Subject(s)
COVID-19/prevention & control , Disease Transmission, Infectious/prevention & control , Guideline Adherence/statistics & numerical data , Hand Disinfection , Health Personnel/statistics & numerical data , Infection Control , Personal Protective Equipment , Practice Guidelines as Topic , Adult , COVID-19/epidemiology , COVID-19/transmission , Cross-Sectional Studies , Drug Resistance, Multiple, Bacterial , Female , Humans , Infection Control/methods , Infection Control/statistics & numerical data , Male , Middle Aged , Pandemics/prevention & control , Retrospective Studies , SARS-CoV-2 , Universal Precautions
19.
J Epidemiol Glob Health ; 11(1): 60-68, 2021 03.
Article in English | MEDLINE | ID: covidwho-789171

ABSTRACT

BACKGROUND AND OBJECTIVES: Corona Virus Disease 2019 (COVID-19) pandemic is a global health emergency. Health Care Workers (HCWs) with sound knowledge and practices can help curb the pandemic. This study aimed to assess the knowledge, attitude and practices of HCWs about COVID-19 and compare physicians and non-physicians in Saudi Arabia. METHODS: An online survey was conducted among HCWs in Saudi Arabia in March and April 2020. Data were collected using a structured questionnaire having four sections including; socio-demographic and professional profile, knowledge, attitude and practices regarding COVID-19. Questionnaire link was sent through social media. Descriptive analysis was used for assessment of knowledge, attitude and practice and Chi-square test was used for comparing physicians and non-physicians. Data were analyzed using SPSS version 21.0. RESULTS: A total of 398 HCWs completed the questionnaire. Only 45% of the participants had correct knowledge about the agent while about 97% knew that close contact with infected person is the most important risk factor. Only 63% had correct knowledge about the role of antibiotics in COVID-19 treatment. Majority of the HCWs were worried and most frequently reported worry was risk to family. Carrying infection to home was most commonly reported fear, 92%. Cleaning hands often or always was 11.5% and 87% respectively. About 71% wore mask during work. Knowledge was better among physicians compared to non-physicians while attitude and practices were comparable between the two groups. CONCLUSION: We found that there was poor knowledge about causative agent and role of antibiotics for COVID-19 but for mode of transmission and prevention there was good knowledge. There were widely prevalent worries and fears among the participants. Overall, there were good infection control practices among the HCWs. Interventions are needed to improve knowledge and address worries and fears of HCW.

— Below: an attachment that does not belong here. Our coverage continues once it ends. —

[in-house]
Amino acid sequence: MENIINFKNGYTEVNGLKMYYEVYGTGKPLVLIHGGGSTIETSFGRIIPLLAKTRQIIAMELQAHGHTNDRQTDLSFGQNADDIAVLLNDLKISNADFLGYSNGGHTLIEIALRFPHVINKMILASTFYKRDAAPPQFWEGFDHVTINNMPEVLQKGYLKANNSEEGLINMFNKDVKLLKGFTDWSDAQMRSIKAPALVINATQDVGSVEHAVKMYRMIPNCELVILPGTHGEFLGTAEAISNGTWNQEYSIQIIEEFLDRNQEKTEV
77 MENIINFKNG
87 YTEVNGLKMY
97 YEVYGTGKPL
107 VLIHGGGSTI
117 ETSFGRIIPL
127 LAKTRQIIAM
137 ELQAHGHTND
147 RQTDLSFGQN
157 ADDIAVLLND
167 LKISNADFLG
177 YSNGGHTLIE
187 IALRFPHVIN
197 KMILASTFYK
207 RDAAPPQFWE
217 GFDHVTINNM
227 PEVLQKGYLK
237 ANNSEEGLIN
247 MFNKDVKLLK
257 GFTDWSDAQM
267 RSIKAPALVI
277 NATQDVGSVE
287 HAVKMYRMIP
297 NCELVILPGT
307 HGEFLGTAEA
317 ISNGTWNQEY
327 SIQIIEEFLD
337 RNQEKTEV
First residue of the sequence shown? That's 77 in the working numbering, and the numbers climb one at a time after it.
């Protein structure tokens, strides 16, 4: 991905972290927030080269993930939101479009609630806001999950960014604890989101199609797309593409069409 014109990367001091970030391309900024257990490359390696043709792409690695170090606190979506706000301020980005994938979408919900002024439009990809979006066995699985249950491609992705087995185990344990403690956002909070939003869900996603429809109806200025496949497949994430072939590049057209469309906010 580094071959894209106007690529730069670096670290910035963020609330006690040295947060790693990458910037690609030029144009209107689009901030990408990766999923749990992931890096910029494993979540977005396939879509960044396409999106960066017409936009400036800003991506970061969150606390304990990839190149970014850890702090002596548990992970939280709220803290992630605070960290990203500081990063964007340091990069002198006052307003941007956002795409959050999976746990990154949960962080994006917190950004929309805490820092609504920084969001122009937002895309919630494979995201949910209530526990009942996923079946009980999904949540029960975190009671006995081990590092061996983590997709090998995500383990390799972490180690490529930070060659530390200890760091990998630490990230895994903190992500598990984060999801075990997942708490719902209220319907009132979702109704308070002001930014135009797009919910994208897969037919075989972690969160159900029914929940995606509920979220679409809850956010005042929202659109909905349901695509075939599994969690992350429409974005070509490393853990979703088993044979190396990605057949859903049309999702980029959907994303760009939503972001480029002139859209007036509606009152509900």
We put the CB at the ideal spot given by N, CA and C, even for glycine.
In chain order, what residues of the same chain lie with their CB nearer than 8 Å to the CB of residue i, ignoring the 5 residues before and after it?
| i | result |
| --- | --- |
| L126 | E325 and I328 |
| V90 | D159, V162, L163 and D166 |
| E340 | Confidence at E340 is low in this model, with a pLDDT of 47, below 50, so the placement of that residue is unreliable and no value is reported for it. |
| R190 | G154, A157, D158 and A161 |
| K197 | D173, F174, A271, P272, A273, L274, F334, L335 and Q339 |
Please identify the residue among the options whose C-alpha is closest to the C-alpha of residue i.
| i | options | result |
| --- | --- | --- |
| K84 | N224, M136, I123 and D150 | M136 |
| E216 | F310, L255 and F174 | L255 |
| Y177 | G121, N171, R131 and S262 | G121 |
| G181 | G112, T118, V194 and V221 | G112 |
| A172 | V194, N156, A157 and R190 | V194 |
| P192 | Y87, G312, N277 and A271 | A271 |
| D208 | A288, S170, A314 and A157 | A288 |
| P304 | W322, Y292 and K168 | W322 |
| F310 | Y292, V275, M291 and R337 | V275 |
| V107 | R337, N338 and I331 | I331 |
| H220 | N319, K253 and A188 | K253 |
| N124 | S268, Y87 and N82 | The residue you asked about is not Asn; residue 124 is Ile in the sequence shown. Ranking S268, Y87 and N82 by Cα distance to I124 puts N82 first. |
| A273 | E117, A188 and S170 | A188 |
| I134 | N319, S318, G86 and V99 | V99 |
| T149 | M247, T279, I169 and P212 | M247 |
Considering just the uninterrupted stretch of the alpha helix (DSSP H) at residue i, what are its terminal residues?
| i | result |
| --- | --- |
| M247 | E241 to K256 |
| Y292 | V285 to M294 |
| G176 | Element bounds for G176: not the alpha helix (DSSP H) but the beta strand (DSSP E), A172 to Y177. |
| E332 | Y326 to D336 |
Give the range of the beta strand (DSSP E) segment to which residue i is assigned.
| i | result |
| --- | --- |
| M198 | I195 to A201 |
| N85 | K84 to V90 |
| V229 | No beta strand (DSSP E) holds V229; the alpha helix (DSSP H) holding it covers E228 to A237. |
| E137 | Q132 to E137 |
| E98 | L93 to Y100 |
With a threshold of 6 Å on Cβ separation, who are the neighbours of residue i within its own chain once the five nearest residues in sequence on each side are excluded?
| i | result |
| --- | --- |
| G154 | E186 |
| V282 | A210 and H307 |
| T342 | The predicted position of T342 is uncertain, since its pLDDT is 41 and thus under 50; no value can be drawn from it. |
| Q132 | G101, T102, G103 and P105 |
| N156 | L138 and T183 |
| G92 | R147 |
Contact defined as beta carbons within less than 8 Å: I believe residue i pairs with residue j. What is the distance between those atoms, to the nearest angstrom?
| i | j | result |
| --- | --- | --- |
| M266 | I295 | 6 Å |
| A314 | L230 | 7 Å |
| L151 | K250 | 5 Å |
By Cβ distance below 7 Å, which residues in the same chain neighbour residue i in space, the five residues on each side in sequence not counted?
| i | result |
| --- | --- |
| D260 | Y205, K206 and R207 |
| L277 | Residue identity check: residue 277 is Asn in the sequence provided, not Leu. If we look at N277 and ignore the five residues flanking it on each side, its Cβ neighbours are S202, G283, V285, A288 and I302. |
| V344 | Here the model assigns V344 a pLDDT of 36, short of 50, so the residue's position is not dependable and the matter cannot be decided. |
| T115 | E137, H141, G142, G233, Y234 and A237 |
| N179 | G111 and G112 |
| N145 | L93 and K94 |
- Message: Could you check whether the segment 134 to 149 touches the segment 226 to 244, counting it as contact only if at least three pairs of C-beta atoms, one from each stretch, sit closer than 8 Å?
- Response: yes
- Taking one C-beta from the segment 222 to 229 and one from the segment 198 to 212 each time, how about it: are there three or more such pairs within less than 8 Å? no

Subject(s)